“I’ll never forget,” he said. "Bill Elliott, that day was terrible, pure terrible. We were all just learning about aerodynamics, and we had no restrictor plates. If we did, it was very little. I’m pretty sure our qualifying speeds were close to 200. I had a great car and pretty much had it dominated.

"When it came down to it, Bill was leading and I was running second, right where I wanted to be. I could pass him anytime I wanted to. I forget who was running third, but Dale Earnhardt was running fourth.

“I came halfway down the back straightaway, and I was going to make my move, Earnhardt couldn’t stand it, he ducked out. I don’t blame him because I think he was a lap down. But it kind of got us all jumbled up. I got by Bill, but I just couldn’t clear him and he pulled up beside me and beat me. It was great.”

NOTE: Photo is of Rick with his trophy from winning the 1984 ARCA 200…


Kinda sez it all, doesn’t it?

I can remember him wheeling a black camaro, #62, and it seems like there was some relationship with Dickie Anderson.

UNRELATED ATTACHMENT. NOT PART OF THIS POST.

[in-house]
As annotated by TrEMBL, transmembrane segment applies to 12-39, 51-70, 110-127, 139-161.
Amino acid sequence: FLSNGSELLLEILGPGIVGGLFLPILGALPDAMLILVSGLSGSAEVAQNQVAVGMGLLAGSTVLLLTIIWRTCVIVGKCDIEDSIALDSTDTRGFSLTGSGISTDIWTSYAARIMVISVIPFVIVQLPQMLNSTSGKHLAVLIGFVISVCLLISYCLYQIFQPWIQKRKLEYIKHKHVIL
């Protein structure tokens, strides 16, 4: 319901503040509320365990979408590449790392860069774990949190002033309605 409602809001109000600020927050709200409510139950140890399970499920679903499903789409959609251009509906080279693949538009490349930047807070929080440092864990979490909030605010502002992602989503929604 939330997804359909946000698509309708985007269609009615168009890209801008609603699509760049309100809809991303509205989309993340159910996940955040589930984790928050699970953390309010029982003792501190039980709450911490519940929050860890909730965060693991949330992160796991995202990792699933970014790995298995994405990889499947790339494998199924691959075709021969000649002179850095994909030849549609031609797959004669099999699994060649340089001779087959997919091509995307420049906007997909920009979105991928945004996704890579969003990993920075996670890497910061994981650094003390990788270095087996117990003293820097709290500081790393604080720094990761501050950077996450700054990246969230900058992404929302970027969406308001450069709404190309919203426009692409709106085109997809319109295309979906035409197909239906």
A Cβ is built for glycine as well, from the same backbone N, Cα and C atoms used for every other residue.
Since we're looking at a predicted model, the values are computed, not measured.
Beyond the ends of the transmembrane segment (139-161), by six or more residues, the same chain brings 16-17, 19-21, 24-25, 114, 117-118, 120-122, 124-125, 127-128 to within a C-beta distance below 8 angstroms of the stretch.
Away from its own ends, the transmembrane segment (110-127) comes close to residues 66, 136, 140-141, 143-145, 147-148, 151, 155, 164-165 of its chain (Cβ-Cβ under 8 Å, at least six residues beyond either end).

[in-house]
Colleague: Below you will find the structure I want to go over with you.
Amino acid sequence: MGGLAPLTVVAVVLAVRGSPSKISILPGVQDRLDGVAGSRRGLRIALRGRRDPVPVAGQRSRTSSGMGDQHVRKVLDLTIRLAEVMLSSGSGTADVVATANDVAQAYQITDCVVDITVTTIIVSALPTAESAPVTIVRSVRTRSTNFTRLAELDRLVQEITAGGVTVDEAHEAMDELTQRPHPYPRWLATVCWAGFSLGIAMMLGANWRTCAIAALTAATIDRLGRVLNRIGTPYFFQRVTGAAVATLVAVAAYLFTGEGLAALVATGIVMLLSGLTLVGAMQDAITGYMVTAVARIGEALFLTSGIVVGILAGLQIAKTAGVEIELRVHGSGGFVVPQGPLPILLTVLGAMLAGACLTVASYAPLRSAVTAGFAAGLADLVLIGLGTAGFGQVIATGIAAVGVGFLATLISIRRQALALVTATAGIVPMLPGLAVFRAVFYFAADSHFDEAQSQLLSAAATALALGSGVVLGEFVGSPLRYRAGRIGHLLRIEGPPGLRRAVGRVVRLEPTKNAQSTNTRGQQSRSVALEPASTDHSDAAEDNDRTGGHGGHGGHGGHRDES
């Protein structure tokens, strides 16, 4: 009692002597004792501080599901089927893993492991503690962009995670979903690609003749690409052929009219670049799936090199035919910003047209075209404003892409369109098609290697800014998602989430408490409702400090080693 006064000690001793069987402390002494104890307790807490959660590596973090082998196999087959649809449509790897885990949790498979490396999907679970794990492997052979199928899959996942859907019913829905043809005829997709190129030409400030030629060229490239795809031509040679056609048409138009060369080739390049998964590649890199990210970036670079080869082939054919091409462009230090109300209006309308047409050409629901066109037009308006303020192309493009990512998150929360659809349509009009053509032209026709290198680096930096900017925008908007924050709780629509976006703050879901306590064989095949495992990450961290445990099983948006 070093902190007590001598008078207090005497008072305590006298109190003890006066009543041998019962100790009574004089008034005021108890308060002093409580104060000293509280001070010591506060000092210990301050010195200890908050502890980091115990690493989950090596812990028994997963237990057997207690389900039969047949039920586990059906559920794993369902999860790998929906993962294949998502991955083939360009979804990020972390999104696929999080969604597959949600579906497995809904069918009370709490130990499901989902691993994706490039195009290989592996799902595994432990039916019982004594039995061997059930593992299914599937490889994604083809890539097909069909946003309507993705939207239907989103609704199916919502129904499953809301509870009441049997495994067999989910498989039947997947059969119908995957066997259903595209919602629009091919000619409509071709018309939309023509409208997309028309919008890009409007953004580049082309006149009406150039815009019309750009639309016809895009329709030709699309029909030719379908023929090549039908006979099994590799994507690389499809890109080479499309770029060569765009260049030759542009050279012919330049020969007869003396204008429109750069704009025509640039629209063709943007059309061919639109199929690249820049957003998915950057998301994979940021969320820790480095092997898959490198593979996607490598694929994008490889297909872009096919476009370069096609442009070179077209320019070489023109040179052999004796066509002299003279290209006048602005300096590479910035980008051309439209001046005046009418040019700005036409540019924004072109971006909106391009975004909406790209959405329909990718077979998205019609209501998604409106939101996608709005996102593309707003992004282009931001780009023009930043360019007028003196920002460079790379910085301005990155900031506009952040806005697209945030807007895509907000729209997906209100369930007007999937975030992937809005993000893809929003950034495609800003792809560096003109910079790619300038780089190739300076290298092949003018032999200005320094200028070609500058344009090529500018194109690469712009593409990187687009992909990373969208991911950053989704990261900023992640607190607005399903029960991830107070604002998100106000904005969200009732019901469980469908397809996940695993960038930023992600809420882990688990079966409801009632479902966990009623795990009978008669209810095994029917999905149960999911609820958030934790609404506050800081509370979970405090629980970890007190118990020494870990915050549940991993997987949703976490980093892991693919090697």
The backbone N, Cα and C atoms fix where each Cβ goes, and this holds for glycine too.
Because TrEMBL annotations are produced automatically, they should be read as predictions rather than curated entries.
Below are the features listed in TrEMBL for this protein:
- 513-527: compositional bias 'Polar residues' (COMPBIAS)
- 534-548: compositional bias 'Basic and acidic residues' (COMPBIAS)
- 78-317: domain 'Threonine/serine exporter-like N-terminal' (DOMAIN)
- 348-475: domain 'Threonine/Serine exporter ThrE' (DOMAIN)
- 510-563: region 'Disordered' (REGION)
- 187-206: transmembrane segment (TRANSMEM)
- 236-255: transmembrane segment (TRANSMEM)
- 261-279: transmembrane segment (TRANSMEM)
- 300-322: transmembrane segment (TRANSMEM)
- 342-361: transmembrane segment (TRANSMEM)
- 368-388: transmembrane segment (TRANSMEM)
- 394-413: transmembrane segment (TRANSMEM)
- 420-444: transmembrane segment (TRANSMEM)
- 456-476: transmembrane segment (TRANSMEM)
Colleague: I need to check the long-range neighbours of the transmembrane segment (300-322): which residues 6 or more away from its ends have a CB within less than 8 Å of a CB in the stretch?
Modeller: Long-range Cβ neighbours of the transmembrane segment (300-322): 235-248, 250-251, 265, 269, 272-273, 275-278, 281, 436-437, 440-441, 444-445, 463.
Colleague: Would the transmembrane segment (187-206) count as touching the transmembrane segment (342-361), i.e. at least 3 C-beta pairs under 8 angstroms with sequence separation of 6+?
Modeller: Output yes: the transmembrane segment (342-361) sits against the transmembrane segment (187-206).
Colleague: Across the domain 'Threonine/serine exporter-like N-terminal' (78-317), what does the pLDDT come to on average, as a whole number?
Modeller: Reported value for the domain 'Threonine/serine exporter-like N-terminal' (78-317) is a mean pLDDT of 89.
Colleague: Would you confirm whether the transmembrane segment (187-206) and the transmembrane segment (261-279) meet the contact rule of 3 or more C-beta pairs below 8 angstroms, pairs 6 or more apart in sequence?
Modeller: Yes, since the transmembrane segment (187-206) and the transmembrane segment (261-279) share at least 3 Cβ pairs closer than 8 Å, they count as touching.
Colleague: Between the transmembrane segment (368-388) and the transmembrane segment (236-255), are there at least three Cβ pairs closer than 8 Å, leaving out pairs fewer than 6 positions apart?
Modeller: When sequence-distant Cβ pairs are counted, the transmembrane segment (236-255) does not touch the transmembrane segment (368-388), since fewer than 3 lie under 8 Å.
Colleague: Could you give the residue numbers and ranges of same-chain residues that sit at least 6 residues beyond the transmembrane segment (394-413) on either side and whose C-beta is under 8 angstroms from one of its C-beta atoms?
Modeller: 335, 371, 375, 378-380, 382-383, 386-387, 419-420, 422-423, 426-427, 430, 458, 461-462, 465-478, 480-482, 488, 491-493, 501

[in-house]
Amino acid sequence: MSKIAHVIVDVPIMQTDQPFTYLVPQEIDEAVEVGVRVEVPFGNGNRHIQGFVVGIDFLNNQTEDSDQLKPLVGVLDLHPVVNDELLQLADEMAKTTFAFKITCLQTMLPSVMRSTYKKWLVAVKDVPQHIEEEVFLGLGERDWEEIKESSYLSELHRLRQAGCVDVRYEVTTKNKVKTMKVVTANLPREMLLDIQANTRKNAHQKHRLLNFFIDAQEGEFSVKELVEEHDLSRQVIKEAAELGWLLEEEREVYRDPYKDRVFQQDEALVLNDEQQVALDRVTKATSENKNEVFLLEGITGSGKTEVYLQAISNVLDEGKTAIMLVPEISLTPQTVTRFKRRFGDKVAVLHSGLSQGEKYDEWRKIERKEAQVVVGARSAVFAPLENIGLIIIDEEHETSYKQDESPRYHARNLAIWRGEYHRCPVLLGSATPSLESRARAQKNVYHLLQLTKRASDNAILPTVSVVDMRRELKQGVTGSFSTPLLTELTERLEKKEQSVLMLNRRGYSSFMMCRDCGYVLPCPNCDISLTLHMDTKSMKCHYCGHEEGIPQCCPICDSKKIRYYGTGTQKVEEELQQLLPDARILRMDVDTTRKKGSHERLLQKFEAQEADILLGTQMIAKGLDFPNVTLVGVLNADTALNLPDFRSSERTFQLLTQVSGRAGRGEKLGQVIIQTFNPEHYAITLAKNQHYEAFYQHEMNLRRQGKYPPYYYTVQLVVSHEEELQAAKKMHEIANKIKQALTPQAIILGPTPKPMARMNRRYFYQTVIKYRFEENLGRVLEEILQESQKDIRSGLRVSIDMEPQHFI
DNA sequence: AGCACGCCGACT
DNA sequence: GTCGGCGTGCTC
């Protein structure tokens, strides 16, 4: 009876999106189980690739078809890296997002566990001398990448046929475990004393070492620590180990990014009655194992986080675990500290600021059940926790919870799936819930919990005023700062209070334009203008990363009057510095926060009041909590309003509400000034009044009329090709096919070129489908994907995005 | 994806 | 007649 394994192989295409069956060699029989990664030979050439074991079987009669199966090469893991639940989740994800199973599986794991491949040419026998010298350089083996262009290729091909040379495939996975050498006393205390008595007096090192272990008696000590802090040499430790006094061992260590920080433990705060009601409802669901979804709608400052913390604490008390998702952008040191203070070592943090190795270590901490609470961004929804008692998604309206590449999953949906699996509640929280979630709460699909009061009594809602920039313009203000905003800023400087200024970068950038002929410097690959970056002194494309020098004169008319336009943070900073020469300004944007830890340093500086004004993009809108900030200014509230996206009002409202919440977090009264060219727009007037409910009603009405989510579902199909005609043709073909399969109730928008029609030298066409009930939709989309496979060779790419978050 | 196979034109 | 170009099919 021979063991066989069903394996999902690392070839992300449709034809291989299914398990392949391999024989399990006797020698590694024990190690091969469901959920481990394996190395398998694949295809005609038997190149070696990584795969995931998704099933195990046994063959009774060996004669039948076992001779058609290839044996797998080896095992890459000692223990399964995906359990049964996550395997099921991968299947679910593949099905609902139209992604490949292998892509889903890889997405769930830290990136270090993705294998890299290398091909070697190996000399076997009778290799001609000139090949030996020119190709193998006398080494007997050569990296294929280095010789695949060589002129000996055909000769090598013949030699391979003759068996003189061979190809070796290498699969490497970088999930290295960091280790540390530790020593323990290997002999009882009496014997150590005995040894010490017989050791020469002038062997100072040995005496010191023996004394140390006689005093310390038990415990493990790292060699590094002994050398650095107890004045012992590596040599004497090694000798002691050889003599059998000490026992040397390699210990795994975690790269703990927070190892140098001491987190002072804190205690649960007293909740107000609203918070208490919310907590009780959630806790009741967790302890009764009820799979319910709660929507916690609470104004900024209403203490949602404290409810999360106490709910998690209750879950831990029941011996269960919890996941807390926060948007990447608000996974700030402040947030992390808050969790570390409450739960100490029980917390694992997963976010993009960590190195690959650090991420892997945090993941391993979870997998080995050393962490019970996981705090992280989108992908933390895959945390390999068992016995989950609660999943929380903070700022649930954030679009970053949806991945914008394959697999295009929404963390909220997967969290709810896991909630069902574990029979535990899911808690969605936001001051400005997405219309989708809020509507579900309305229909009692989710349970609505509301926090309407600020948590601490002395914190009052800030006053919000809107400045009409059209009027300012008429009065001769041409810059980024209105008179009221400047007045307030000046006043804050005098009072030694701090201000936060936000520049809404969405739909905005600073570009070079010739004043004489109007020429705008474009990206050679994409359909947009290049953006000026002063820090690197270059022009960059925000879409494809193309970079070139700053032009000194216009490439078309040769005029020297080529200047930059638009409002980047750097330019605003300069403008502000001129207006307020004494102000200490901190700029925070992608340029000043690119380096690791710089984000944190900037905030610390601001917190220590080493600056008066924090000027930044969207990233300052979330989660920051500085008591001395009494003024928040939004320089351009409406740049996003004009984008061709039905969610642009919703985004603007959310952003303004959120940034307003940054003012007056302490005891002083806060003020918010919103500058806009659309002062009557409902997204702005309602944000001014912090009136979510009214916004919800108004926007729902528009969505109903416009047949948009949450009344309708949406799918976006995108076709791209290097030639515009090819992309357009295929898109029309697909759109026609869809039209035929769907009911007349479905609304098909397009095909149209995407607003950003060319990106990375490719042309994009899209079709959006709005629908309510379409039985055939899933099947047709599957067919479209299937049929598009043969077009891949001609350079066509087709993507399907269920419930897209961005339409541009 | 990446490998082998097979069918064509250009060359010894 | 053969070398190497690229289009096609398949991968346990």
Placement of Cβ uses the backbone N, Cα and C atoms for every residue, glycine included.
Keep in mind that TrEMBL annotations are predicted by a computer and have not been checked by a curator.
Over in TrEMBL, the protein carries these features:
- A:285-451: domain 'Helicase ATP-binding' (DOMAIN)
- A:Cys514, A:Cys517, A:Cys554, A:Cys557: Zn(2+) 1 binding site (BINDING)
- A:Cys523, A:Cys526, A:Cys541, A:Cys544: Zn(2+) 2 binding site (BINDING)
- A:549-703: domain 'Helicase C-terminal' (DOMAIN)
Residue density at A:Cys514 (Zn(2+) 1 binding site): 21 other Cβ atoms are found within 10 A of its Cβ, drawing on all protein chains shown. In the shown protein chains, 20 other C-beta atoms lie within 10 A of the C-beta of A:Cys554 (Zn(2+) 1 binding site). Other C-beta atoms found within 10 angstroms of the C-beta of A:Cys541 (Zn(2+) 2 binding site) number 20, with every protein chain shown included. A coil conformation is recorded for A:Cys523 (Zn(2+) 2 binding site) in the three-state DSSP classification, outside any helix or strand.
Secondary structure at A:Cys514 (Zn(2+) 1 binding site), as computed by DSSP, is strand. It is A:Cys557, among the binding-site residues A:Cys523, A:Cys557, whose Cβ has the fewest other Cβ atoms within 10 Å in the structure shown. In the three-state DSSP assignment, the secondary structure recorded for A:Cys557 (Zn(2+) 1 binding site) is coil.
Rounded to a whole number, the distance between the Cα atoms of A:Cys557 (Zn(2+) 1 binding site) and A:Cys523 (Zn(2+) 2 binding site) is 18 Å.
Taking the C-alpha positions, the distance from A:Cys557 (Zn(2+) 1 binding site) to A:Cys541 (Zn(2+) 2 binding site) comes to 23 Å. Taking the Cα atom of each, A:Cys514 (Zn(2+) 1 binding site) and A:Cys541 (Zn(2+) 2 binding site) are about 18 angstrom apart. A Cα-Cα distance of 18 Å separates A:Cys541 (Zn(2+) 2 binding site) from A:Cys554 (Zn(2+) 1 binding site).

He has indeed “been there, done that”.

It is good to hear that he is doing well, as opposed to LeeRoy, Jeremy, and for that matter, J.D…

I was there that day. He’s right Elliot was a lap down at one point and running pretty bad but about halfway but he latched on to Wilson and the two of them together were just head and shoulders above everyone else. I think Rick gave Elliot the lap back as they raced back to a yellow and it ended up biting him.

It was a great race we all ended up leaving happy and heading over to NSS and racing that night ourselves.

OS+, Are you referring to LeeRoy Yarborugh or LeRoy Porter?

I think he’s talkin’ 'bout Yarbrough, Dave…at least he spelled it “LeeRoy”.

Yarbrough is correct, although the point is the same.

Racing demands all, and sometimes leaves nothing at the end.

Mr. Wilson is Blessed indeed.

Some cool pictures of Rick in 1978 at New Smyrna.

Wilson had a very fast car that day. Elliot was never a full lap down and Wilson made a big mistake by leading and running directly behind him for several laps and DID NOT put him a lap down. It came back to bite him. No free pass back then.

BTW, back in the day, I sat in an airport with him waiting for a flight after a race and we talked about Sunshine Speedway, Lakeland, etc…he is a guy that got to live his dream and was thankful for that, even back then.